In devising a return to work schedule and attendance at work rota, employers will need to decide whether and how to gather information as to employees’ preferences and specific concerns as well as whether the process should entail seeking volunteers for early return.


It may be appropriate for employers to encourage staff where possible to change their travel arrangements in accordance with Government guidance - for example, to walk or cycle to work if possible or avoid public transport or certain times of travel. It may be necessary to consider whether employees who have long and unavoidable journeys to work should continue to work remotely. Limitations on business travel and meetings are highly likely to need to be continued.

Continued flexible and home working

Their experience of remote working during the COVID-19 crisis may lead employers and employees to wish to continue with remote working arrangements. Dialogue with employees about making longer term arrangements for flexible and home working may be appropriate and employers may wish to update their policies on these issues.

Employers need in any event to be mindful of the statutory right which those employees with at least 26 weeks' continuous employment have to make a flexible working request, for any reason, entailing a change to the employee’s working hours, times and/or place of work – as well as the fact that constructive dismissal and discrimination issues can arise from badly handled responses to requests for continued home, remote or flexible working.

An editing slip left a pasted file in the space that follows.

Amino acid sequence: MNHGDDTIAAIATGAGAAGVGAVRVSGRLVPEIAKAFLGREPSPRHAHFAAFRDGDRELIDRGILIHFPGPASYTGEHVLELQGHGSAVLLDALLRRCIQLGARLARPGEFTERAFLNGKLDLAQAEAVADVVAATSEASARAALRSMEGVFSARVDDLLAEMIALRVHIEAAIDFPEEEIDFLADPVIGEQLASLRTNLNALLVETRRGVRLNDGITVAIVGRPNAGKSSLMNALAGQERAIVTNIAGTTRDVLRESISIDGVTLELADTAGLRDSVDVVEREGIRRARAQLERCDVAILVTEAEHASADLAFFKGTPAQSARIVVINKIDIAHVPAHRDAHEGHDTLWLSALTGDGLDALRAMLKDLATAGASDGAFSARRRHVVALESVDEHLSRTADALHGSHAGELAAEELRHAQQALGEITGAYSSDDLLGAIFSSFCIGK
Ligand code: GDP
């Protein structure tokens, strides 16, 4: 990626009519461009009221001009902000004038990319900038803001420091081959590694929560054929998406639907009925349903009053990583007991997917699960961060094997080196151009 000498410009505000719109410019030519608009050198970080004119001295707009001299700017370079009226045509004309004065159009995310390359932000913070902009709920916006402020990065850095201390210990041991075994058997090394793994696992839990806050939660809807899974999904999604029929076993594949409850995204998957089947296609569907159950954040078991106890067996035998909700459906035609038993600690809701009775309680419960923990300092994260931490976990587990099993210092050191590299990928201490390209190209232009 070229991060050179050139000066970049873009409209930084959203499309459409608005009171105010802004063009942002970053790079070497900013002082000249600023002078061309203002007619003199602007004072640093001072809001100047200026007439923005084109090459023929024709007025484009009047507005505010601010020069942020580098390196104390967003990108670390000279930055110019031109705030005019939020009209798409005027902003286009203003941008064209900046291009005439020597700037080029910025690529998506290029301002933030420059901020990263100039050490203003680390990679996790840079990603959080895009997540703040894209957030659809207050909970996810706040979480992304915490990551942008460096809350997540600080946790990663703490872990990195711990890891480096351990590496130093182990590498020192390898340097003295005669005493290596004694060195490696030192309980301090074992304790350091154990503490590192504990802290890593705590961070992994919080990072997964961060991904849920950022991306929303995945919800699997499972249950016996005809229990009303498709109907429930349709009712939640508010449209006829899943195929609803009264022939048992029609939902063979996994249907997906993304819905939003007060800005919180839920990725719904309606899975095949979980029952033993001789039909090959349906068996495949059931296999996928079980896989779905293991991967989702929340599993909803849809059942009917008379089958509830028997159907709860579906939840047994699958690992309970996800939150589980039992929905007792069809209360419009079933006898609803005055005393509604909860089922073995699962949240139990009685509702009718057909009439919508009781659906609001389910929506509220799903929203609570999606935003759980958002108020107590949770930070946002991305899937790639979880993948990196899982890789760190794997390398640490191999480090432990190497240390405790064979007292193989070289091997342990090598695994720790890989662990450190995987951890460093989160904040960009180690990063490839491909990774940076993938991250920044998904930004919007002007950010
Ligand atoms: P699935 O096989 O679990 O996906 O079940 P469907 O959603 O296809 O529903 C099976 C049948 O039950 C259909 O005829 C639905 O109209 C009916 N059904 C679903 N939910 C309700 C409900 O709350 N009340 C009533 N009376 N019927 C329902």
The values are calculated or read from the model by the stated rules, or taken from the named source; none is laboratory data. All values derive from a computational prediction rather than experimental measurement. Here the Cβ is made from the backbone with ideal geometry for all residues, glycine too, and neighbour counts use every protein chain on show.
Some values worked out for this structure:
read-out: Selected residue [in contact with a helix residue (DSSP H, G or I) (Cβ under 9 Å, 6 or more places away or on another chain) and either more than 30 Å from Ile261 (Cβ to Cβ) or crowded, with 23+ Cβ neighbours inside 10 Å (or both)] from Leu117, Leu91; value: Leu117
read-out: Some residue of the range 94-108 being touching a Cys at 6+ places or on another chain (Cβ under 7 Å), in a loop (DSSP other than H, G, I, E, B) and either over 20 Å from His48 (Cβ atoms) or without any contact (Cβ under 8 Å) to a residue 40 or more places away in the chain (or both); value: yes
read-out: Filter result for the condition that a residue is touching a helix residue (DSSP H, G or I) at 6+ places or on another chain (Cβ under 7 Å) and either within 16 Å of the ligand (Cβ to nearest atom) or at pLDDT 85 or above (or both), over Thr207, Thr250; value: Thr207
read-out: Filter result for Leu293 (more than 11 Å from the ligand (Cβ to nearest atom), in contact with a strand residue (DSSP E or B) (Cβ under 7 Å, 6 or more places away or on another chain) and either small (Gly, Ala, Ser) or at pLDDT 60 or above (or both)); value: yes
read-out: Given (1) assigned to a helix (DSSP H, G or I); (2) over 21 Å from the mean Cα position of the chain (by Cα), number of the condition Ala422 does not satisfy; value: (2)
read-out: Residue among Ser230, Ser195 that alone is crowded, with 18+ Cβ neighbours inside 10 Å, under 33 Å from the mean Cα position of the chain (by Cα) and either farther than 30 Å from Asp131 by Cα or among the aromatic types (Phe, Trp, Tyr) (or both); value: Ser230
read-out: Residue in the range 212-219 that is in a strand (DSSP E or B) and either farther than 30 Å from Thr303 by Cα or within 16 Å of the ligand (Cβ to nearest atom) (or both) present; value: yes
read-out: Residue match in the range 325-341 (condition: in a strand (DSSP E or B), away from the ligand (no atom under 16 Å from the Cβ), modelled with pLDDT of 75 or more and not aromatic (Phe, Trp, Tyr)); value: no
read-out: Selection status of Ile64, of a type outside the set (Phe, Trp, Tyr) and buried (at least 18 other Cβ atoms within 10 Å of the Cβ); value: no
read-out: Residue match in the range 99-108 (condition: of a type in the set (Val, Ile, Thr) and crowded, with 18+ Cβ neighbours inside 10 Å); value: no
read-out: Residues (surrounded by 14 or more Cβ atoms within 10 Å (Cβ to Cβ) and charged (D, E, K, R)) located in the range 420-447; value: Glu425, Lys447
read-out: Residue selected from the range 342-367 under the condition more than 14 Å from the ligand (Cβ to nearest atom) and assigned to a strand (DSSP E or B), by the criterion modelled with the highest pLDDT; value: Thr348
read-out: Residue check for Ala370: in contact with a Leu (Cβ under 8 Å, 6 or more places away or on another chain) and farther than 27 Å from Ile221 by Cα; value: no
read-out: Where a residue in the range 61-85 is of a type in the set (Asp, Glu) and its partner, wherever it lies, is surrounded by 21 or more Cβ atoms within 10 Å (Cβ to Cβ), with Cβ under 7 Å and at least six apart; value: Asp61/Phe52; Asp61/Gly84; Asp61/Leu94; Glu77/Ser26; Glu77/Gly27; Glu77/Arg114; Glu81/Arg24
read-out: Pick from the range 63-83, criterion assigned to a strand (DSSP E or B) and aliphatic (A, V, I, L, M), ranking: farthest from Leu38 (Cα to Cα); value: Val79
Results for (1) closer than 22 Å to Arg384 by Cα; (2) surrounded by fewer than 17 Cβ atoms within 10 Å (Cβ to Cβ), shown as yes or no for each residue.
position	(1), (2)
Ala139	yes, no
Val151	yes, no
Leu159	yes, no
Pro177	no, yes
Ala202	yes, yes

Employers should not lose sight of the need for appropriate risk assessments in relation to home working arrangements, to ensure that appropriate protections remain in place in relation to issues such as business confidentiality, data protection and the like and to ensure that homeworking remains as effective as possible.

Collecting information

Employers who collect information about employees’ personal circumstances and health situation in the context of the return to the workplace will need to ensure that such personal data is processed in accordance with the GDPR. To the extent that the data being collected relates to employees’ health – such as body temperature and coronavirus symptoms – it will constitute “special category data” under the GDPR.